Morris From America
Morris From America
2016. Directed by Chad Hartigan.
Take a coming of age film, add a minority protagonist, and use hip hop to deliver a story about love, loss, and finding one's place and you'll get Morris From America.
Morris and his father have moved to Germany after the death of his mother. His father coaches soccer while Morris learns German from a private tutor. Both Morris and his father are strangers in a strange land whose sense of loneliness is compounded by Morris's natural teenage angst. With dreams of being a rap star fueling him, Morris develops his first love and it's his odyssey from a shy and brash loner to a mature and thoughtful young man that is the centerpiece of the film.
Chad Hartigan delivers 2016's first genuine heart warmer. His thoughtful direction and brutally realistic script blend together to chronicle two men, one old, one young, struggling with their grief and fighting for the only thing that matters, each other. Craig Robinson gives a scene stealing performance as Morris's father, taking what seems like a straight forward role and turning it into a layered and often hilarious take. Markees Christmas is the film's heart as Morris. This young man's ability to portray deep rooted pain and childlike infatuation is so raw and matter of fact that the viewer cringes in his defeats and cheers at his success. Indeed, when Morris finally grips the fistful of steel you'll be clapping and smiling, despite knowing heartbreak lurks around the corner. Or does it?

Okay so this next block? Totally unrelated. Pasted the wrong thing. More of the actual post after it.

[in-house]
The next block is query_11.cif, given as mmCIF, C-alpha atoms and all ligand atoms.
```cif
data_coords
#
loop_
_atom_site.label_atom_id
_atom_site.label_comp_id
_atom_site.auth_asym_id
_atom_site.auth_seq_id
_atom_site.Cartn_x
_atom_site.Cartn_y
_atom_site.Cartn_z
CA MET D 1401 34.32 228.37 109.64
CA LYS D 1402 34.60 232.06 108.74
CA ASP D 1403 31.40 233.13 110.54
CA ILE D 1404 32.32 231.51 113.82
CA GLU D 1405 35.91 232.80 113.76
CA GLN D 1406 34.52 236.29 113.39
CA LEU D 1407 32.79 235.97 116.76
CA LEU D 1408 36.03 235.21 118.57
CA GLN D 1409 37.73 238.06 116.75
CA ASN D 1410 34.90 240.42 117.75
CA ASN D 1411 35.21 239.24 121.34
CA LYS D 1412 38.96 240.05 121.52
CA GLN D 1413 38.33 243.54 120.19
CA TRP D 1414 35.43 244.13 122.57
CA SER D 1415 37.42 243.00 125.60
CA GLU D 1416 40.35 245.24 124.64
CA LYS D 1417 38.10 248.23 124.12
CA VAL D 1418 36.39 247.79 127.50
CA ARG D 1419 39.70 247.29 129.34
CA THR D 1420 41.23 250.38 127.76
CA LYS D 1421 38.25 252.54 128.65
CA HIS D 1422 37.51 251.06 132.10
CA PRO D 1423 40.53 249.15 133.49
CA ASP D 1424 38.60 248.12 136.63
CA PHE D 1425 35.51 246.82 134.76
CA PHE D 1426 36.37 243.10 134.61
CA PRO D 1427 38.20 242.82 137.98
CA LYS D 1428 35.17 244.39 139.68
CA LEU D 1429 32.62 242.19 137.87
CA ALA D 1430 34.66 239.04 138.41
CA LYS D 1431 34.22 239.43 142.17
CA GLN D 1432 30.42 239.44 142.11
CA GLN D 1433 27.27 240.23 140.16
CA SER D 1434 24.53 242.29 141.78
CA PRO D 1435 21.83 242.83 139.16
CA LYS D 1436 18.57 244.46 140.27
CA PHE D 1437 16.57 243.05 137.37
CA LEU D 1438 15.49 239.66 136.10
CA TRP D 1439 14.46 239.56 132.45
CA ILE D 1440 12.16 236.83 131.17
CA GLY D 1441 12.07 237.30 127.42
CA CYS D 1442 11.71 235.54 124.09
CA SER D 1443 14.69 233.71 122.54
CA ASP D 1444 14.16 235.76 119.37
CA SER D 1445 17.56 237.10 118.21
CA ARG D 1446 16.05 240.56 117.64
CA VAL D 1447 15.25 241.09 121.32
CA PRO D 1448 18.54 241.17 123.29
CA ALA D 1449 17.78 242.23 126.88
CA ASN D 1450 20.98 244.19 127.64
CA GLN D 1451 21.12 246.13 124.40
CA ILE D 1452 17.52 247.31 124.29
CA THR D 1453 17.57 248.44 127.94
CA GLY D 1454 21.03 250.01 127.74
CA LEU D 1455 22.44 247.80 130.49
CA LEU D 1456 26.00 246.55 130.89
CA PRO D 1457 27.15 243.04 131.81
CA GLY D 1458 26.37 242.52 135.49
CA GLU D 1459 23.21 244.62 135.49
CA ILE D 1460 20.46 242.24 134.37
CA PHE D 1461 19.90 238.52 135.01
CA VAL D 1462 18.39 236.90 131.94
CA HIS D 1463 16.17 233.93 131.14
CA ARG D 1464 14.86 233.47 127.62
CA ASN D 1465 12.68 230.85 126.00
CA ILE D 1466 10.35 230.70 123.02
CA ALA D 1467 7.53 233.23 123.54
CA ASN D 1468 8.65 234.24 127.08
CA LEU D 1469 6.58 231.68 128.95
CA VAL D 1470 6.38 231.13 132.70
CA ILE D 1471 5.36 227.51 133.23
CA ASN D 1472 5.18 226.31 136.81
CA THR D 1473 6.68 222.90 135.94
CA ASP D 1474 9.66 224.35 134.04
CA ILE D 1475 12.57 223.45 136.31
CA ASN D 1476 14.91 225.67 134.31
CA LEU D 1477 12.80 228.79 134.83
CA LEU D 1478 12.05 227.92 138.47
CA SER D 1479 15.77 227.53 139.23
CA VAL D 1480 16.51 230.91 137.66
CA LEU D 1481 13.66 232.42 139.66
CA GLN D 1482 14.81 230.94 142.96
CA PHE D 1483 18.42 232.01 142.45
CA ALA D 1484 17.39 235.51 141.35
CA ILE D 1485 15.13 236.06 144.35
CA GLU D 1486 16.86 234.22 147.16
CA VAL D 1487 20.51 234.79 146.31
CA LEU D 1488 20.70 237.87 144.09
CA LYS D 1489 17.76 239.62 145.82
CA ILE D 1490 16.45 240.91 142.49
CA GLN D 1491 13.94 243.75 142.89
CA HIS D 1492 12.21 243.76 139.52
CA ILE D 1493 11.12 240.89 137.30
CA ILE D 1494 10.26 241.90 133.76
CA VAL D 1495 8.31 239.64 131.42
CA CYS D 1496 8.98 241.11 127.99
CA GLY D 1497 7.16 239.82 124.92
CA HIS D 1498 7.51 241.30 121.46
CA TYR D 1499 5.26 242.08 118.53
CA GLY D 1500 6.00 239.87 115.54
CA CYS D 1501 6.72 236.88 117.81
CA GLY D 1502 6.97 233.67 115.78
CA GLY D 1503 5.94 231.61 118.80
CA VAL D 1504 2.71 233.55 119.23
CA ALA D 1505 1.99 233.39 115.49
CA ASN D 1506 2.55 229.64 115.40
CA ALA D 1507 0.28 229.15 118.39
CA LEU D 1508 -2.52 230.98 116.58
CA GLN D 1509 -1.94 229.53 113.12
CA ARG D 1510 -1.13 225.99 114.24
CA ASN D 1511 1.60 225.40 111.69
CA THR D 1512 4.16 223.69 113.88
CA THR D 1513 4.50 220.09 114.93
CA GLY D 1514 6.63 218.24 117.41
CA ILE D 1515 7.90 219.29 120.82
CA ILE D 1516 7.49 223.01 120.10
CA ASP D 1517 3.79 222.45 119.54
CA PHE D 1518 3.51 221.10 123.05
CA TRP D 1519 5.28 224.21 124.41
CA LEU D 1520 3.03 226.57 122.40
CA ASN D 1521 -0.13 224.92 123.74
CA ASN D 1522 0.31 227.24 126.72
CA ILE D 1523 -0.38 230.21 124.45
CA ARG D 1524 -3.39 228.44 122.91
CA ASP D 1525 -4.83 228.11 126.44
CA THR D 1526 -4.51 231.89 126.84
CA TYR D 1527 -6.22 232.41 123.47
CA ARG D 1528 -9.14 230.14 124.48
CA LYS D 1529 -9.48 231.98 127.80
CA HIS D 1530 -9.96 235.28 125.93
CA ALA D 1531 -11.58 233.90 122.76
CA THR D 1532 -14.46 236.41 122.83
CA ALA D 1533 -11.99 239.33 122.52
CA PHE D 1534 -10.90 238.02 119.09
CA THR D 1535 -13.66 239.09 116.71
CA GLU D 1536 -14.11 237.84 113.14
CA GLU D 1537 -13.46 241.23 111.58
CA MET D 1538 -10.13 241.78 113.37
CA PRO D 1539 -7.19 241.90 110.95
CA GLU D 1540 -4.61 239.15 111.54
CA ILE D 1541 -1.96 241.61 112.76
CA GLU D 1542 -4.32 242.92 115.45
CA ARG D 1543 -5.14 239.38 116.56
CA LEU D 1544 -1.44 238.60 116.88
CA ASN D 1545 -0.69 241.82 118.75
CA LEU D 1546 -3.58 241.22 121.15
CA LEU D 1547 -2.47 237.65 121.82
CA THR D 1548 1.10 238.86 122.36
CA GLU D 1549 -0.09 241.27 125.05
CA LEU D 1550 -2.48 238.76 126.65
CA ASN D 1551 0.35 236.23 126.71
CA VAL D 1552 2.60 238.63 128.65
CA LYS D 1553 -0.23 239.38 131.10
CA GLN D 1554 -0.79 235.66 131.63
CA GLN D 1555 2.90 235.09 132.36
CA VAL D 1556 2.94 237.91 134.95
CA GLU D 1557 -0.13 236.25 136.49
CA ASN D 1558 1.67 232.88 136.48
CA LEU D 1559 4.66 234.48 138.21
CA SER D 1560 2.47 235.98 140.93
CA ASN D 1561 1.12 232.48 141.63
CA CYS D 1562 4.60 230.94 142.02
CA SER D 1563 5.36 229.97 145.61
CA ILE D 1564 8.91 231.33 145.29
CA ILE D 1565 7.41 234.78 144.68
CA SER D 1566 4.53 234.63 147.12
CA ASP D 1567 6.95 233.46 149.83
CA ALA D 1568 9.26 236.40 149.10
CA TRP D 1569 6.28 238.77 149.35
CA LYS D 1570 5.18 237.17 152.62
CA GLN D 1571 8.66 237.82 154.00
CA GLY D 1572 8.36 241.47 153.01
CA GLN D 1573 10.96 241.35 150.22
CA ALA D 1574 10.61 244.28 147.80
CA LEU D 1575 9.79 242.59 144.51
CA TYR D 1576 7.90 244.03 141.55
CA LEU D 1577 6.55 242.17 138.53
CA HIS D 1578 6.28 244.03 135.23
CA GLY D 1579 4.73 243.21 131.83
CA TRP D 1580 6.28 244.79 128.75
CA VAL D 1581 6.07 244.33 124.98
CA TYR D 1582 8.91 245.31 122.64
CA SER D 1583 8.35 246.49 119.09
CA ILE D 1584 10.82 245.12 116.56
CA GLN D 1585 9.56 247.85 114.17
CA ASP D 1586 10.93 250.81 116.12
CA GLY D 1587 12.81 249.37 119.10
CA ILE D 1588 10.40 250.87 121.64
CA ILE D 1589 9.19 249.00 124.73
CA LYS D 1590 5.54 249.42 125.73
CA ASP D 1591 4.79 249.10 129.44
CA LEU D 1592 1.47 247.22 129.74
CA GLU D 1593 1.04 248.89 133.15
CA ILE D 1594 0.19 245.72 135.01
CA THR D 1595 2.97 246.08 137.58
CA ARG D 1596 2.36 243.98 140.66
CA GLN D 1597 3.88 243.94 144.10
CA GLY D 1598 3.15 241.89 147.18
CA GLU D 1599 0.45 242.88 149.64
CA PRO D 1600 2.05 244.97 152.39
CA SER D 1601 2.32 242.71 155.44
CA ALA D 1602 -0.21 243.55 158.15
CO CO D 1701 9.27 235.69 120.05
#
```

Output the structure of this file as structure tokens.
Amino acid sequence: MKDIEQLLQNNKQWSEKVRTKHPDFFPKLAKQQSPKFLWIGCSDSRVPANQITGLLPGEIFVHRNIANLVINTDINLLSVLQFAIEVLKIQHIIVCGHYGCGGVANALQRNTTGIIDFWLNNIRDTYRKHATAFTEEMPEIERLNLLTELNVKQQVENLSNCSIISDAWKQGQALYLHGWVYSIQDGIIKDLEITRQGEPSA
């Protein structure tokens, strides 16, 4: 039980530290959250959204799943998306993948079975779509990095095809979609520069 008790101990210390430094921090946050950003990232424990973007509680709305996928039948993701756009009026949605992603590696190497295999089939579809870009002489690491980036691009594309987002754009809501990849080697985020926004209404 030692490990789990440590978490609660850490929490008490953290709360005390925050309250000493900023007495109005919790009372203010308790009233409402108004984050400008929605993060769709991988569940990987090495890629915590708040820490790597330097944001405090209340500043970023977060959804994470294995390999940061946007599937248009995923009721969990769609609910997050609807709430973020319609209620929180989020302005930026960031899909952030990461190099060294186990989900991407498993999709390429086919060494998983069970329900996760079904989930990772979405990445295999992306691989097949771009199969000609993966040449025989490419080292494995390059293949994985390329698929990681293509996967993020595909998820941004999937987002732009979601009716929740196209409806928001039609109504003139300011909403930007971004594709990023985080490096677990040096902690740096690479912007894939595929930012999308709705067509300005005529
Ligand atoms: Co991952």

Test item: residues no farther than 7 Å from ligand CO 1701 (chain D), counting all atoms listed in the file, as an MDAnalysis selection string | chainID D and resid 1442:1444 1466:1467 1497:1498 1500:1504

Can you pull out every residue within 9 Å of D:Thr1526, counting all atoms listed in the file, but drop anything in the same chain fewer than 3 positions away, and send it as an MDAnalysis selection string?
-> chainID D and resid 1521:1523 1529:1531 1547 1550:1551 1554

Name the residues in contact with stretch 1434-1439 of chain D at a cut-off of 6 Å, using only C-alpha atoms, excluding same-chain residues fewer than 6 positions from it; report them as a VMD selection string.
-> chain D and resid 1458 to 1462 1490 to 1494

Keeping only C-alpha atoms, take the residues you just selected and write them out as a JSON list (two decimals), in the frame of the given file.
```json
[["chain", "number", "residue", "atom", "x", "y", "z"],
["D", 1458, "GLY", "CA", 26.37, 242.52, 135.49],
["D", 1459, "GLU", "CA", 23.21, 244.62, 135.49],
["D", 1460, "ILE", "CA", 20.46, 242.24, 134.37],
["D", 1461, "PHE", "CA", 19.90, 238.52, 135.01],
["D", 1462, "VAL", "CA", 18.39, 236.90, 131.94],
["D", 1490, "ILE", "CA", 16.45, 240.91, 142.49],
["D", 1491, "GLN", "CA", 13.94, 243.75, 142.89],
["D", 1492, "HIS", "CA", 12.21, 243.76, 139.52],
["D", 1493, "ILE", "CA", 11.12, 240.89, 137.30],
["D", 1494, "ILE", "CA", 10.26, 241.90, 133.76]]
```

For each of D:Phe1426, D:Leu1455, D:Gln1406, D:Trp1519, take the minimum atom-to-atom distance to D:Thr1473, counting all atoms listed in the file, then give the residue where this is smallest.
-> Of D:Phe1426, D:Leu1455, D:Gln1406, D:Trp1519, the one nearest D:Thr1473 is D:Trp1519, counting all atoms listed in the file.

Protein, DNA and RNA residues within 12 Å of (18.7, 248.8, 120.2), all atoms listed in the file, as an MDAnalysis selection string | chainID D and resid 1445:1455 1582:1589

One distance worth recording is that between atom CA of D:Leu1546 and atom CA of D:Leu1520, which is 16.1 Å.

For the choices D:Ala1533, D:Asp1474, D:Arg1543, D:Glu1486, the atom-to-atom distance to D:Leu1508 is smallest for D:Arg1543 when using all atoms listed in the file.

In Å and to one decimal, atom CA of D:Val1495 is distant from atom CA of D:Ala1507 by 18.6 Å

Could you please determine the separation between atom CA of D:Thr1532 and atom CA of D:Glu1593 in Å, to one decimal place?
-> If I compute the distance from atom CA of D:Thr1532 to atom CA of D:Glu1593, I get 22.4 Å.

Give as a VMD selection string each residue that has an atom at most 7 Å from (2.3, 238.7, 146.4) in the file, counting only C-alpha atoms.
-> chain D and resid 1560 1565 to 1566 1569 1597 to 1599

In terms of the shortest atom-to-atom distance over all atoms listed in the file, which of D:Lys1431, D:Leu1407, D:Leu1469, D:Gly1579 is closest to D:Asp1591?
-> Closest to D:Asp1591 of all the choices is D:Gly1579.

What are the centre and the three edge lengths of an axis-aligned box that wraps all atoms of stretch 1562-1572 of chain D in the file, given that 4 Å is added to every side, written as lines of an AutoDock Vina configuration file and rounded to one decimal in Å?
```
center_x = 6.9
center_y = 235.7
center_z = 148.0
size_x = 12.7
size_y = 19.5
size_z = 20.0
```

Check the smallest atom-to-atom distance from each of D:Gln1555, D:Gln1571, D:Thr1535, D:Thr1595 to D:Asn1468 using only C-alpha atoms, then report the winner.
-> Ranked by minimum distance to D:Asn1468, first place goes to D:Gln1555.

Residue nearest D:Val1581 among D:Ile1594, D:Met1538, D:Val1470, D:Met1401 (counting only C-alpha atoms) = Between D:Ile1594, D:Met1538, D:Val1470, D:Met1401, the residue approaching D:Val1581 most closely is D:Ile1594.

Rounding out the cast is Lina Keller as the love interest and Carla Juri as the tutor. Keller manages to capture the dangerous forbidden fruit with perfection, enhancing the awkwardness by her approach to Morris's skin color and his dreams of being an emcee. Carla Juri's chemistry with Christmas delivers some of the best scenes in the film, with her rogue academic mentor who sees the promise and the bereavement within Morris and tries to help. If there is a criticism, is that Juri's presence is missed whenever she is absent.
Sean McElwee delivers some of the sharpest cinematography of the year. There are amazing wide shots of the stage drenched in vibrant color and lights. The close shots of Morris and his love are touching and so real that the viewer is instantly reminded of those first, precious memories of a deep crush. In this case, the camera tells the story by focusing on the slightest of touches: the placement of hands, a questionable stare, and the use of narcotics in the not so intimate backseat of a car,
The soundtrack is filled with amazing hip hop tracks that are a throwback to the height of lyrical rap, the very thing Morris's father is trying to teach to his son. In a world dominated by sex, drugs, and recklessness, Morris finds the truth by speaking from his broken heart and not by glamorizing his devastation.
Available now for digital rental, Morris From America is a hilarious, soulful rumination on coming of age as an outsider. It takes simple, American themes and contorts them into a crowd pleasing epic by setting the story abroad and focusing on the father and son dynamic, rather than the love story. Hartigan recieved the Waldo Salt award at Sundance for his writing and the film was quickly picked by A24, who continues to deliver amazing independent cinema, and this film is no exception.